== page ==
I have to confess, it’s a little uncomfortable, tooting our horn like this. But they say Kickstarter, with its melting time-clock, and with so much riding on your generosity, and the timing of your generosity, is no place to be modest, and I have to confess also, the end product is going to be so amazing that I would feel dishonest, like I was withholding something, to not make a claim of how exciting and powerful the work is.

Perhaps last night’s dream, the after-residue of the tour, has some meaning. Gone from the luminous dream-space of the shared intensity of making a beautiful thing and putting it into the world, and transitioning back into Regular Life, in the dream I was leaning over a giant upright bass, much like the one that I sat in front of—absorbing–in each show, while Travis kept rhythm of every song, and every story. In the dream, I didn’t know my name, or where I was, or anything else. Everything was new, and I did not want to leave. A dream as simple, really, as the album we’ve just finished recording is elegant and complex. Surely it was the residue of the tour and the recording—Crazed Genius Travis, Sweet “Great is Never Good Enough, Let’s Do Another Take” Bethany (I’m remembering now the delicate sound of each note when she plucked, rather than bowed, the cello, and of course her eerie saw), surf guitar/pedal steel “Lonesome Squared” Gibson, and the magic of hanging out with those folks, in some ways best typified for me by those exquisite moments at the start of each show when Caroline, strumming her acoustic arch-top tenor guitar, would appear amazed, momentarily betranced, by the beauty of what was coming out of that wooden box, that crafted ship.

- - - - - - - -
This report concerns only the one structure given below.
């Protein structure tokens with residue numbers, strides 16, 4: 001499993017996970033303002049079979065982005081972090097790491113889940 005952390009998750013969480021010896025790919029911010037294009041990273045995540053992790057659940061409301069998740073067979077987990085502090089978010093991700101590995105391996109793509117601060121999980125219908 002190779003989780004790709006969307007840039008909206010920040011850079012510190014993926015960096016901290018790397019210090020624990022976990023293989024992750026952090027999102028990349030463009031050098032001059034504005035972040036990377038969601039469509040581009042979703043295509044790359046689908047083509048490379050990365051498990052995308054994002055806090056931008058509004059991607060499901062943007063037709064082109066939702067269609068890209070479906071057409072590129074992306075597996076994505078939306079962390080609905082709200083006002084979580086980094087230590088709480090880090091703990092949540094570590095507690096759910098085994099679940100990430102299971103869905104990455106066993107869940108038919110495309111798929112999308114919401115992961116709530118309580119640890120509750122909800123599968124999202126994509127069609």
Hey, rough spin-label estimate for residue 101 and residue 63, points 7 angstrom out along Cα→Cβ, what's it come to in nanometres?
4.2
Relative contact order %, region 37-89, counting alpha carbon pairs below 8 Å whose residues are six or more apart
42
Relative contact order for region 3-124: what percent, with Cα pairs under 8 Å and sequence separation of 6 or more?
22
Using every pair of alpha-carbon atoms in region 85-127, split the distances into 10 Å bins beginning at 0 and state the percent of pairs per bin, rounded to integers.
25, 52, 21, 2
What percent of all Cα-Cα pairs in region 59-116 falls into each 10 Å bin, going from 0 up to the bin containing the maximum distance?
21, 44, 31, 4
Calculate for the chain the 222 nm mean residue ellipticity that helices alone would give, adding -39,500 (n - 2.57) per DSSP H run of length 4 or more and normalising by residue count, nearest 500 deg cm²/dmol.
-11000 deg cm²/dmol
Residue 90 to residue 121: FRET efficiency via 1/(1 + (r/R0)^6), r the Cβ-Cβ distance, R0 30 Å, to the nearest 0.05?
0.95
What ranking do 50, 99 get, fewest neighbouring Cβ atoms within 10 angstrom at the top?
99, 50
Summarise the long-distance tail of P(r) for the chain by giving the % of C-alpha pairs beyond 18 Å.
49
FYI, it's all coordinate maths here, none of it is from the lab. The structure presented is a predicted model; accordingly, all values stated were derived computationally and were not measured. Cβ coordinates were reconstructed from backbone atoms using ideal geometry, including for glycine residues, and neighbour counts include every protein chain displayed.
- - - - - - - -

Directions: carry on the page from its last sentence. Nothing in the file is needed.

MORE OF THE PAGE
Each time, she would seem to hesitate for a moment, waiting, and then would step forward to let the first words of the song come out of her mouth; and during the stories, sitting on my stool, listening and waiting for my cue to begin (“There goes your bogie,” Gibson would whisper), my heart would be pounding, as when in baseball and up at bat, or in football, leaning forward slightly and listening, with fiery waiting, to the snap count dwindling down—waiting for all longing and urgency to explode; waiting for the world, this different, made world—the one we are dreaming and trying to fashion, with your help—to begin.

We’ve laid off a bit in deluging you with daily Kickstarter appeals, but as the clock winds down, I regret to say that we’ll probably be deluging you, in the hopes of leveraging and taking advantage of existing generosities, and the ever-shortening shelf-life of those commitments. We really, really need to pre-sell a bunch of these amazing CDs, or what feels like a bunch to me. If 100 people buy two copies, or 200 people commit to one, we can get it—The Road to the Ryman—done. Alternatively, if two or three folks commit to purchasing a house party, it can still get done. It’s coming down to the wire.
Thank you.